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Forging a career: how to spot companies that offer more than a job

27/03/2018
Posted by: Lynn Sedgwick
Job satisfaction is something that’s frequently held up as the pinnacle of working life. Yet more often than not developing a career is what offers the real satisfaction, not just having a job. Performing tasks because they have to be done feels a lot different to performing tasks that are leading you towards the next step on your career path. And with CIPD research suggesting that only 36% of employees are confident that their current employer will enable them to achieve their career aspirations, we’ve put together some hints on what to look out for in a company that offers a career not a job.

Junior level: getting off to a flying start


Whether you’re a graphic designer, a chemical engineer or a buyer, the training that you receive in the formative years of your career is so important. Whether you take the route through university with a specific career goal in mind or study an academic subject with only a vague idea of where it might take you, or whether you take an apprenticeship, you need to feel confident that a company has the right processes in place to support you on your journey into professional life.

Look out for businesses that have established training programmes for apprentices and graduates and, crucially, have a proven record of success. When you’ve invested time and money in education that will develop your career, you want to feel that a company will have the ability to support you as you move from novice to experienced professional; if the foundation is shaky then everything built on top will be unstable too. 

Life in the middle lane: taking it up a gear


With a few years’ practical experience you’re in a good position to make decisions about your career that can bring exciting new ventures and opportunities. At this point, adding strings to your bow is a good idea. This could be about increasing your value as a whole. For example, you could take a management course so you can lead others. This increases your responsibility and makes you more valuable. It gives you skills that aren’t just about your work, such as people management and other soft skills. These are key in any management situation and are needed by companies across all sectors.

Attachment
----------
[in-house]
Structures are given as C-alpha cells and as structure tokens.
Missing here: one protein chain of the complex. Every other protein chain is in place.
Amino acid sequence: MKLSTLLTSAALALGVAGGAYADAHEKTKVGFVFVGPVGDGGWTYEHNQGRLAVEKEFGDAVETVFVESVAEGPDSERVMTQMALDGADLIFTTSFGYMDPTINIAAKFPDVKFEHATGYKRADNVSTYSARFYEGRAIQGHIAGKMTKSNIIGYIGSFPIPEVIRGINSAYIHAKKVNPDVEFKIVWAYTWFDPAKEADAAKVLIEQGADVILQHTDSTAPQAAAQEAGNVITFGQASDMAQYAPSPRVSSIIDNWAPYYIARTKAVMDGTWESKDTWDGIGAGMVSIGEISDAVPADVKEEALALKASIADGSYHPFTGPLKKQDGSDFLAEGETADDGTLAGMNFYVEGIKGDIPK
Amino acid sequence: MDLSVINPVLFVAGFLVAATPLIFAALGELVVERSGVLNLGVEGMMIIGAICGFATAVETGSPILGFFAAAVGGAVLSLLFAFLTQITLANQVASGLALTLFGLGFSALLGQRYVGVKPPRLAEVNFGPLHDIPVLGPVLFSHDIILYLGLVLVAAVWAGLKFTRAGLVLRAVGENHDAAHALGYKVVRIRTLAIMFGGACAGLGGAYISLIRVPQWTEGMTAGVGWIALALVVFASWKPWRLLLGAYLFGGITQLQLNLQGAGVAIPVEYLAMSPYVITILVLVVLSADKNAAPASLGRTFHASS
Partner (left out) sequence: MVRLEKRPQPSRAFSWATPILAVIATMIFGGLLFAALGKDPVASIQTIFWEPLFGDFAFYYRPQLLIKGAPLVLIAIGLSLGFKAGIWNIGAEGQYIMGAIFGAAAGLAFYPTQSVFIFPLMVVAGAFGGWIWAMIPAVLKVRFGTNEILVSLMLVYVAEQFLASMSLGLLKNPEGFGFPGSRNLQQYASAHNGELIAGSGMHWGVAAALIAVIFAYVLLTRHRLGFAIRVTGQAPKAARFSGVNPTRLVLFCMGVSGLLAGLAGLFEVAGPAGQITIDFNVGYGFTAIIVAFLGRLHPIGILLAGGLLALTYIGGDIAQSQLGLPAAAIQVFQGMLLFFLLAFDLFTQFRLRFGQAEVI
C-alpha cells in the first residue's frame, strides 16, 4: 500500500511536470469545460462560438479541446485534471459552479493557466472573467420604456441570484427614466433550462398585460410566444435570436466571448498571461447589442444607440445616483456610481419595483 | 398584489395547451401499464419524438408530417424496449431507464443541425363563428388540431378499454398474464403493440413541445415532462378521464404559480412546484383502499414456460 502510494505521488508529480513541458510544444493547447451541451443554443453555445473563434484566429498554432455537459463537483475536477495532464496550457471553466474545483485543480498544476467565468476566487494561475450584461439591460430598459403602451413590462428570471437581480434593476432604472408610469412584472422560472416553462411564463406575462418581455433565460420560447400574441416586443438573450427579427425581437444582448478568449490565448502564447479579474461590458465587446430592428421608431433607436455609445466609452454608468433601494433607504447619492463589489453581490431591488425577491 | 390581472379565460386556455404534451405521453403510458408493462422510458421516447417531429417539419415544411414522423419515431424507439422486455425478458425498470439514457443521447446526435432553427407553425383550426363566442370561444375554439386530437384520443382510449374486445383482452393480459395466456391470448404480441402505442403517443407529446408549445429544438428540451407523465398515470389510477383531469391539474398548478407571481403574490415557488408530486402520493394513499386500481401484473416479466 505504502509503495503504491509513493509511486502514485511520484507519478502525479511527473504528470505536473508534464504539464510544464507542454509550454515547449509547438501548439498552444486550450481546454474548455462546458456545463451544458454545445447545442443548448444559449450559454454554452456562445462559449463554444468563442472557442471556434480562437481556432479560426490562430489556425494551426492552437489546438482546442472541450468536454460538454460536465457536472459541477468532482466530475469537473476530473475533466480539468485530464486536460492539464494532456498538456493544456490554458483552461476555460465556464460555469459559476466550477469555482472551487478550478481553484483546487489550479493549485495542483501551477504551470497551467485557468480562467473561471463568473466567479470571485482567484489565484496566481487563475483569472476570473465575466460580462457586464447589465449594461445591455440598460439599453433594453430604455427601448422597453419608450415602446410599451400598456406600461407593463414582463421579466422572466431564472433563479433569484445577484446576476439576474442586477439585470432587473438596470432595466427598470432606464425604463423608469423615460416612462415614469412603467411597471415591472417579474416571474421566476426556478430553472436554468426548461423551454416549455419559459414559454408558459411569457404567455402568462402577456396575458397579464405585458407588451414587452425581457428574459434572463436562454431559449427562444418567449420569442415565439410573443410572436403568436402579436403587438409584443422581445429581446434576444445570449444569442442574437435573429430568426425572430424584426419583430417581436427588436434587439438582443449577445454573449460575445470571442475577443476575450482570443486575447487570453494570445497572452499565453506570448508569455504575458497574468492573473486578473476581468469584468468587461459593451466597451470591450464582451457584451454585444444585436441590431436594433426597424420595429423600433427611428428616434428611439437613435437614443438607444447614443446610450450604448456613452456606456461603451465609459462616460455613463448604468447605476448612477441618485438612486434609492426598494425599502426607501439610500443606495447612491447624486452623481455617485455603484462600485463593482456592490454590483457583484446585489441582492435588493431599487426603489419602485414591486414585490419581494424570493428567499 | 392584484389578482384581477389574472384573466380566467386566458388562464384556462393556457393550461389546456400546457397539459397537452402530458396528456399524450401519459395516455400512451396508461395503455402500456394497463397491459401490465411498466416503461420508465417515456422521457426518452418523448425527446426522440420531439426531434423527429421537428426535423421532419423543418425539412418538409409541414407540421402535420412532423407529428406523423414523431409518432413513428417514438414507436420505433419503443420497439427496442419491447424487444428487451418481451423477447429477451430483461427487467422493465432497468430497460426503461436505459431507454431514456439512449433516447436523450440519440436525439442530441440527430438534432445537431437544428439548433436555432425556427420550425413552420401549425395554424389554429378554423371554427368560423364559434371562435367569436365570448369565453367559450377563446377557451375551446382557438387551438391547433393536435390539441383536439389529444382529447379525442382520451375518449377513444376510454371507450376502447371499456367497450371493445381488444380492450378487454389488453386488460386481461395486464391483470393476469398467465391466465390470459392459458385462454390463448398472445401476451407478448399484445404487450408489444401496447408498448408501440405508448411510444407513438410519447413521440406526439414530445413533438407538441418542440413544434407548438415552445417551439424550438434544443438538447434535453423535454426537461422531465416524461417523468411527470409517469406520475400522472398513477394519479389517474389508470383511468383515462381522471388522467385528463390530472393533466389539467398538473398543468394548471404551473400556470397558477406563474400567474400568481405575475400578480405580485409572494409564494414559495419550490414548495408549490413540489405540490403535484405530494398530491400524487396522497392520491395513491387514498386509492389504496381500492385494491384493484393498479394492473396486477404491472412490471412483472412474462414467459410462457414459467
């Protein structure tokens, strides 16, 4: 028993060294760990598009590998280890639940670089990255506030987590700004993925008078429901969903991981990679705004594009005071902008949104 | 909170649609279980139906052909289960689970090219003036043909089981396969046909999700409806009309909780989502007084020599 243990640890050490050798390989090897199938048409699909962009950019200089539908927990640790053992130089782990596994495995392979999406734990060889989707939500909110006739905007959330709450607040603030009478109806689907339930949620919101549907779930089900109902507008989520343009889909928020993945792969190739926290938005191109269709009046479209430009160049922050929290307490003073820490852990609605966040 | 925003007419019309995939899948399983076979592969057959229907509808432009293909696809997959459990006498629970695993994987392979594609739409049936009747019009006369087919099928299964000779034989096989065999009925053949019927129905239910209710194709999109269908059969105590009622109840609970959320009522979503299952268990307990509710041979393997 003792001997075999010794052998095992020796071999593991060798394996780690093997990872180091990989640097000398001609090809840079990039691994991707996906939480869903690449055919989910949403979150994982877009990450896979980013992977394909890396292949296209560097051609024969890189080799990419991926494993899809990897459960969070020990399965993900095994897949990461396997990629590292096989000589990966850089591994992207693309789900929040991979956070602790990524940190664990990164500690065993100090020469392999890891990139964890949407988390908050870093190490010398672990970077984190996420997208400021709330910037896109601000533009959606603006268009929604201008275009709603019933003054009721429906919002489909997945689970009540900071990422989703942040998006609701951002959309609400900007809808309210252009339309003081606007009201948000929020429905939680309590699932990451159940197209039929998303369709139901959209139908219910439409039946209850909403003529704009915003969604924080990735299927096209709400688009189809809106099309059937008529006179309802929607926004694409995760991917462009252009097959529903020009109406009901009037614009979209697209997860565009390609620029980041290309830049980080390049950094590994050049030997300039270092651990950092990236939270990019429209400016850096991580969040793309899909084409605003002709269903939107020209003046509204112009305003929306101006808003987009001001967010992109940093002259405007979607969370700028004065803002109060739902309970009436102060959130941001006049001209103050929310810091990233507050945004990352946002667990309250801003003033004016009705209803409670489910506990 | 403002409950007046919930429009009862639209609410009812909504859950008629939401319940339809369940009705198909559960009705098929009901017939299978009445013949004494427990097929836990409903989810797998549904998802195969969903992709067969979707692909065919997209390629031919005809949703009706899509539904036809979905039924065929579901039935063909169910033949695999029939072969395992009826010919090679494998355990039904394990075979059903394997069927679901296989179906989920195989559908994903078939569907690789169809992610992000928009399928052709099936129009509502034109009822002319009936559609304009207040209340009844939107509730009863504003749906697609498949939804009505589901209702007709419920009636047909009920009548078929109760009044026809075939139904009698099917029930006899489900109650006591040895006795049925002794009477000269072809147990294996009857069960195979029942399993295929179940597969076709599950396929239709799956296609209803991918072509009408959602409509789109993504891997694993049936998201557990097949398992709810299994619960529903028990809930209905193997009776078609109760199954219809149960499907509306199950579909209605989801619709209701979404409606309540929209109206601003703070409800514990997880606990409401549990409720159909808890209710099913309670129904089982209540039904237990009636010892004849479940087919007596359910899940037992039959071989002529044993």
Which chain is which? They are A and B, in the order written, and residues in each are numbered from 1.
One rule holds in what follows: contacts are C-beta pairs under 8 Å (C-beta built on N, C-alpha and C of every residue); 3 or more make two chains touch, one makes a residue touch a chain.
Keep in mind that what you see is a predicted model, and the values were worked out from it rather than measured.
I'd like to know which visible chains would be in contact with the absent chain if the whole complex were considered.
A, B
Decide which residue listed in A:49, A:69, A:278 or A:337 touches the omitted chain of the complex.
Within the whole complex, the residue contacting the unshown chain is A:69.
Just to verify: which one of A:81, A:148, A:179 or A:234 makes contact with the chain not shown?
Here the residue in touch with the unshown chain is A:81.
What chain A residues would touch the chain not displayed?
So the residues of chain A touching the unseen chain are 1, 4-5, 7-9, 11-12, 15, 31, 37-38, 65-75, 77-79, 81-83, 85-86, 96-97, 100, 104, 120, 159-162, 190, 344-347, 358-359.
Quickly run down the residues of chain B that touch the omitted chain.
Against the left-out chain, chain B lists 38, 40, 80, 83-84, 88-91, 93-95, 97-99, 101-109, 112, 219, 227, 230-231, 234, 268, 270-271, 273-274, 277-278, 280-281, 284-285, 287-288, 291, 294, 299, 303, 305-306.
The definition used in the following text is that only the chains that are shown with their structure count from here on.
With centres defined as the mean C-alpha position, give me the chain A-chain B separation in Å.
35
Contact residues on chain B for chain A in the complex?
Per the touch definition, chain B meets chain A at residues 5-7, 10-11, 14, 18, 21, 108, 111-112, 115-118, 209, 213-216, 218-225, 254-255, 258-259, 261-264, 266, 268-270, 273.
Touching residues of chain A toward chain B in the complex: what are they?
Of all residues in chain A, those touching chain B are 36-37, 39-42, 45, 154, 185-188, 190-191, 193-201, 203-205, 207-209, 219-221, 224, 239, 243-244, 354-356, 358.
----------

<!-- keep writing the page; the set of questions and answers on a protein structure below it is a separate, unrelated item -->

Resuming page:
Alternately, at this point, you might want to make a change or head in a specialist direction. If so, then look out for businesses that align with your interests and can offer training that deepens your knowledge, as this will allow you to carve out a particular route for your career. On the flip side, maybe variety appeals more to you. Secondments are a great way for those with a few more years’ experience to get a taste for different areas of the business. It keeps things fresh for you, without committing to one particular avenue definitely, and it broadens your overall skills and experience which is valuable to your employer.  

Don’t stop growing: senior career progression


For many, reaching the status of director is the pinnacle of their career. If this is something that interests you then it’s a good idea to look out for companies that are growing or expanding into new territories. You may stand a better chance of reaching a senior level if there is room at the top. Keep an eye out for companies that have clear strategies in place for developing the next crop of leaders, have clear succession plans and have established processes for dealing with this. 

Progressing to the level of ‘Head of…’ or director is much more than evidence of ability, it offers some significant benefits. Being a business leader brings with it the chance to make an impact on the profession and to take the company in a certain direction that you envisage. It also enables you the chance to influence and offer help to those below you and shape the direction of their career, as yours was by your seniors. 

Whatever stage of your professional life you’re at it’s important to keep thinking about the future and how the present builds towards that. Keep in mind that as you move up the career ladder what you want out of your career may change and the business that fitted your objectives may no longer do so. Of course, building a career entails having a job, but remember to keep thinking about how it fits with your overall career plans – if it doesn’t then maybe it’s time to move on. 
 

If you found this blog interesting, have a look at our other blogs on interview tips and how to get a promotion, or if you're looking for that perfect role, send us your CV. Alternatively, you can check out all the vacancies we have available.

 

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